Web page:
PhotoSpringstone Financial has been ordered to provide $700,000 in relief to victims of what the Consumer Financial Protection Bureau (CFPB) calls “deceptive credit enrollment tactics.”

According to the agency, many consumers who signed up for Springstone’s deferred-interest loan product at dental offices to pay for dental work were led to believe that the product was interest-free. In fact, interest accrued from the date of the consumer’s purchase and was charged if the balance was not paid in full before the promotional period ended.

“Deceiving patients in need of medical care into paying for services with risky credit adds insult to injury,” said CFPB Director Richard Corday. “The Bureau will not tolerate financial companies or their providers taking advantage of distressed patients and their loved ones with misleading sales pitches.”

The structure

From January 2009 through December 2014, the Westborough, Mass.,-based wholly-owned subsidiary of San Francisco-based Lending Club Corporation administered its health-care financing program, which offered consumers two credit products: an installment loan and a deferred-interest loan product.

The deferred-interest product incurred no interest if the balance was paid in full within a certain promotional period.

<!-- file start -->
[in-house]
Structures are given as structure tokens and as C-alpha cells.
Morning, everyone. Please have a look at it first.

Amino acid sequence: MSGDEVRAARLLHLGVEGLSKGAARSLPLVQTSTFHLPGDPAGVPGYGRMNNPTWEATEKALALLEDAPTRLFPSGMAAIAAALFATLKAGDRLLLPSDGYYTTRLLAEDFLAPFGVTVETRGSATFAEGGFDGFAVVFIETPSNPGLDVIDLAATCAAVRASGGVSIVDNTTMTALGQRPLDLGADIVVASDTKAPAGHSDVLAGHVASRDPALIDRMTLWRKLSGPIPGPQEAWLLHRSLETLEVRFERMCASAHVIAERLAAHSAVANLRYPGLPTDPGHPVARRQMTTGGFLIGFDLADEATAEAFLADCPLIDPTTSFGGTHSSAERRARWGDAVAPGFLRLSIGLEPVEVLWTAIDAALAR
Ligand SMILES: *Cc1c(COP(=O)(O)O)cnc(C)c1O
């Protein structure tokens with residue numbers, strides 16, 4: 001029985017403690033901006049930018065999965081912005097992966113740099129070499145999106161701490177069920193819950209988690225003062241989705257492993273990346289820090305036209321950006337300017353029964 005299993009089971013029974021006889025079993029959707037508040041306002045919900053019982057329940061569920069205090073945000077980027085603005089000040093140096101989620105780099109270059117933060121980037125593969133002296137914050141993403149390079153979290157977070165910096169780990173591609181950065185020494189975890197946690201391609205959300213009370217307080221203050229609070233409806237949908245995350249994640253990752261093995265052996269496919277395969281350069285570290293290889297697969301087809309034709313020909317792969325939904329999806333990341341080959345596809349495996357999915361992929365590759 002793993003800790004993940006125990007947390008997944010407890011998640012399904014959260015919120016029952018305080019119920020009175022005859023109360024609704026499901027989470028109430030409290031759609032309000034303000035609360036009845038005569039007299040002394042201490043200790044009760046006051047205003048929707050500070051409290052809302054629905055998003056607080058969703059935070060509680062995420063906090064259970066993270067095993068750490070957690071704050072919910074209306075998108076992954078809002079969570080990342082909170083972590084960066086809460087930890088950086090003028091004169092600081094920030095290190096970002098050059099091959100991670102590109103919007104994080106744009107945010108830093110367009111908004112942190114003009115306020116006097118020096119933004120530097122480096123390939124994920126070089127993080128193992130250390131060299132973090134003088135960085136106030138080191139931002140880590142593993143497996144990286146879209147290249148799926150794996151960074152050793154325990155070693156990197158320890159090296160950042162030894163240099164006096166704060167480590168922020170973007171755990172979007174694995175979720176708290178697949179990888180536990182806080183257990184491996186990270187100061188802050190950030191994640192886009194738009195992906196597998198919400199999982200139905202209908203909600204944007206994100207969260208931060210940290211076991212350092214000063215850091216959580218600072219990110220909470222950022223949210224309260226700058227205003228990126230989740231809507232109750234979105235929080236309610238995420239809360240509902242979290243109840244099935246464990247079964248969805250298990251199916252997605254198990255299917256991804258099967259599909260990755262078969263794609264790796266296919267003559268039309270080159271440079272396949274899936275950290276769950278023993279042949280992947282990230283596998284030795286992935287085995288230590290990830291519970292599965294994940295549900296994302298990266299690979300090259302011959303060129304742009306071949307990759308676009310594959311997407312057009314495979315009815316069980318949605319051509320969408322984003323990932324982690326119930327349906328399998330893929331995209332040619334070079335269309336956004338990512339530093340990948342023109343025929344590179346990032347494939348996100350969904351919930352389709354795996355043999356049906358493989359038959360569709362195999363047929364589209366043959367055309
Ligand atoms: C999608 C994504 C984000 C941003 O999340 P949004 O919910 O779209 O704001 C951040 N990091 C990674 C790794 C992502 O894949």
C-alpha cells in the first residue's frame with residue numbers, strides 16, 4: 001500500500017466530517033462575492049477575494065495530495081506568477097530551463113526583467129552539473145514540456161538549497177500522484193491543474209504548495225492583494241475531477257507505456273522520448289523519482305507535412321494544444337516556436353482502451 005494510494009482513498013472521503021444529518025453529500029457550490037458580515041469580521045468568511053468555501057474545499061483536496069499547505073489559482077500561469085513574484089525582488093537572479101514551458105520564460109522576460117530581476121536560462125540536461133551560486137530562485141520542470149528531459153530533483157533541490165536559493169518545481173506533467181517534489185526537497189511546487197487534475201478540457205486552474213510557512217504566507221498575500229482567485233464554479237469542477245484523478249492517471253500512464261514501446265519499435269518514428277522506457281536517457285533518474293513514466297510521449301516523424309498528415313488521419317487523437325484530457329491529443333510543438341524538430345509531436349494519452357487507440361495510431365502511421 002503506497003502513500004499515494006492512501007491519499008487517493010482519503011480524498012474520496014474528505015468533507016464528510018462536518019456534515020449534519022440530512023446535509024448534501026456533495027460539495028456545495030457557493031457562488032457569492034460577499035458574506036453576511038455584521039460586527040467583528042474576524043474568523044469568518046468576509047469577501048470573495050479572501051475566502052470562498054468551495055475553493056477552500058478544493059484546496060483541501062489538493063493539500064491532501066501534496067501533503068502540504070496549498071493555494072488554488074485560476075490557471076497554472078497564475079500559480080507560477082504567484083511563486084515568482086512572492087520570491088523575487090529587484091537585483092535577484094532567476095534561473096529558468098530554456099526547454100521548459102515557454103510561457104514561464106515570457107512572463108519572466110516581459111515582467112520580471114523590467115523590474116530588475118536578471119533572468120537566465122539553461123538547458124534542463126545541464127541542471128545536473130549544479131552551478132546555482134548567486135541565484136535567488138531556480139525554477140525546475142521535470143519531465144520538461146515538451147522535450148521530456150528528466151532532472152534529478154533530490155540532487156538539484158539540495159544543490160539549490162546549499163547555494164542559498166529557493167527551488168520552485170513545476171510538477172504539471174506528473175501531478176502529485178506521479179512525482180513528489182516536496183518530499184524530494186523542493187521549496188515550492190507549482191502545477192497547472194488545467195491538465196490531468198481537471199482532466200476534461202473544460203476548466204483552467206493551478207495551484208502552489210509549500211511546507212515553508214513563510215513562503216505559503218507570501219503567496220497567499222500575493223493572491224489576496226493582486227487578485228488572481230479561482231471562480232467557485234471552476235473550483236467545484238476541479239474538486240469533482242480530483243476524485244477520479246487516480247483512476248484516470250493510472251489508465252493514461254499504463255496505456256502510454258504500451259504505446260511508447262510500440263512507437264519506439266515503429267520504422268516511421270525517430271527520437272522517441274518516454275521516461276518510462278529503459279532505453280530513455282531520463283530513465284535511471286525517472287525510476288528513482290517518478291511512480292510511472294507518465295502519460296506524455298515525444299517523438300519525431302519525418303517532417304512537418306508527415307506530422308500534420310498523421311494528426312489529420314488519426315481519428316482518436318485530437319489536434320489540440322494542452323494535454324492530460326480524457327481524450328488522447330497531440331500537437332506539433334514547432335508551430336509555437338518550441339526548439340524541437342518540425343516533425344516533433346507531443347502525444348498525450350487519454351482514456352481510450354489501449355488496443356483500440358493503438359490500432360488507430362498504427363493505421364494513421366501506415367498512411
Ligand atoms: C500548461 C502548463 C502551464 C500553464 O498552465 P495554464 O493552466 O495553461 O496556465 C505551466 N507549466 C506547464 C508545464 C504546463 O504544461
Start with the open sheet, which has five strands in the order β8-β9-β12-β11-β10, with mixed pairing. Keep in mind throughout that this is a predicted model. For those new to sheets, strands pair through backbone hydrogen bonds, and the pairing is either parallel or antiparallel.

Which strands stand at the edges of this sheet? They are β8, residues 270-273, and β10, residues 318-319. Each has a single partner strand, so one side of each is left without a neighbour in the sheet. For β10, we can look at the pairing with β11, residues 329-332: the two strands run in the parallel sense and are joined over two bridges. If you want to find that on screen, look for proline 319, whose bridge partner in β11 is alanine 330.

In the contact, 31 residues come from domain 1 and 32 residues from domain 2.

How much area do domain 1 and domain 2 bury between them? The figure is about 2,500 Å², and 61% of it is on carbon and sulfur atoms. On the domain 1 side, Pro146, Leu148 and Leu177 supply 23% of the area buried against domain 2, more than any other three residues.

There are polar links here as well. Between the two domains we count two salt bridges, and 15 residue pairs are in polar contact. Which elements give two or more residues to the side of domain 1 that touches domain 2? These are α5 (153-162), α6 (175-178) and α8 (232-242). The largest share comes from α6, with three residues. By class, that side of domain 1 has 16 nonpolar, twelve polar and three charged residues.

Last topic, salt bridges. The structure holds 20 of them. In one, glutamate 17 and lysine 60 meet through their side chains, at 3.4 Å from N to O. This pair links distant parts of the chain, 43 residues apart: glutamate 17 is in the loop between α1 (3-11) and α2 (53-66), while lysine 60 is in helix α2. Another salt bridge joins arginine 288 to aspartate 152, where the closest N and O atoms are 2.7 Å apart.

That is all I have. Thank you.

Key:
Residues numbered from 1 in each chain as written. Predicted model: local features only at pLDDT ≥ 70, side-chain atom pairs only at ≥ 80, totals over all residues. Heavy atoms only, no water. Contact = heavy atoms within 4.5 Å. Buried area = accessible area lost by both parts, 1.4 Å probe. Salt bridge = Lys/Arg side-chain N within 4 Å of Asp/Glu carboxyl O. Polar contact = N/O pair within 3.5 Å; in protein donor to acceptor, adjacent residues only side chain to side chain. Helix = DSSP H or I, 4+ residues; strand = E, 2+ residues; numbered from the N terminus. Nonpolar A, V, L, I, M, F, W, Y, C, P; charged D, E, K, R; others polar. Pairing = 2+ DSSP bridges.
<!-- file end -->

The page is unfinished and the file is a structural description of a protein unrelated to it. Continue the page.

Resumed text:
During this timeframe, a network of about 9,000 health-care providers was authorized by Springstone to offer its loan products and assist consumers in enrollment. Receptionists and office staff of these health-care providers could provide consumers with application materials and assist them in filling out the application before submitting it to Springstone on the consumers’ behalf. Springstone terminated the deferred-interest product in December 2014.

The CFPB investigation found that providers who were trained and monitored by Springstone to market the deferred-interest loan product misled consumers about the terms and conditions of the product during the application process.

In some cases, dental office staff told consumers that the deferred-interest product was a “no-interest” loan and failed to mention they would have to pay 22.98% interest on the loan if they didn’t pay it off in full by the end of the promotional period. More than 3,200 consumers may have been affected by these deceptive practices.

The settlement

To ensure that harmed consumers are appropriately compensated, and that consumers will no longer be subject to these illegal practices, the CFPB’s order requires Springstone to:

  • pay $700,000 in consumer relief to about 3,200 consumers as a result of the deceptive marketing and enrollment practices in its dental-services provider network.
  • reimburse consumers affected by these practices. Eligible consumers do not have to take any action to get their refund. Springstone will notify affected consumers and issue a credit or send a reimbursement check to those consumers with an open Springstone account. For those consumers with a closed or inactive account, Springstone will mail a reimbursement check.

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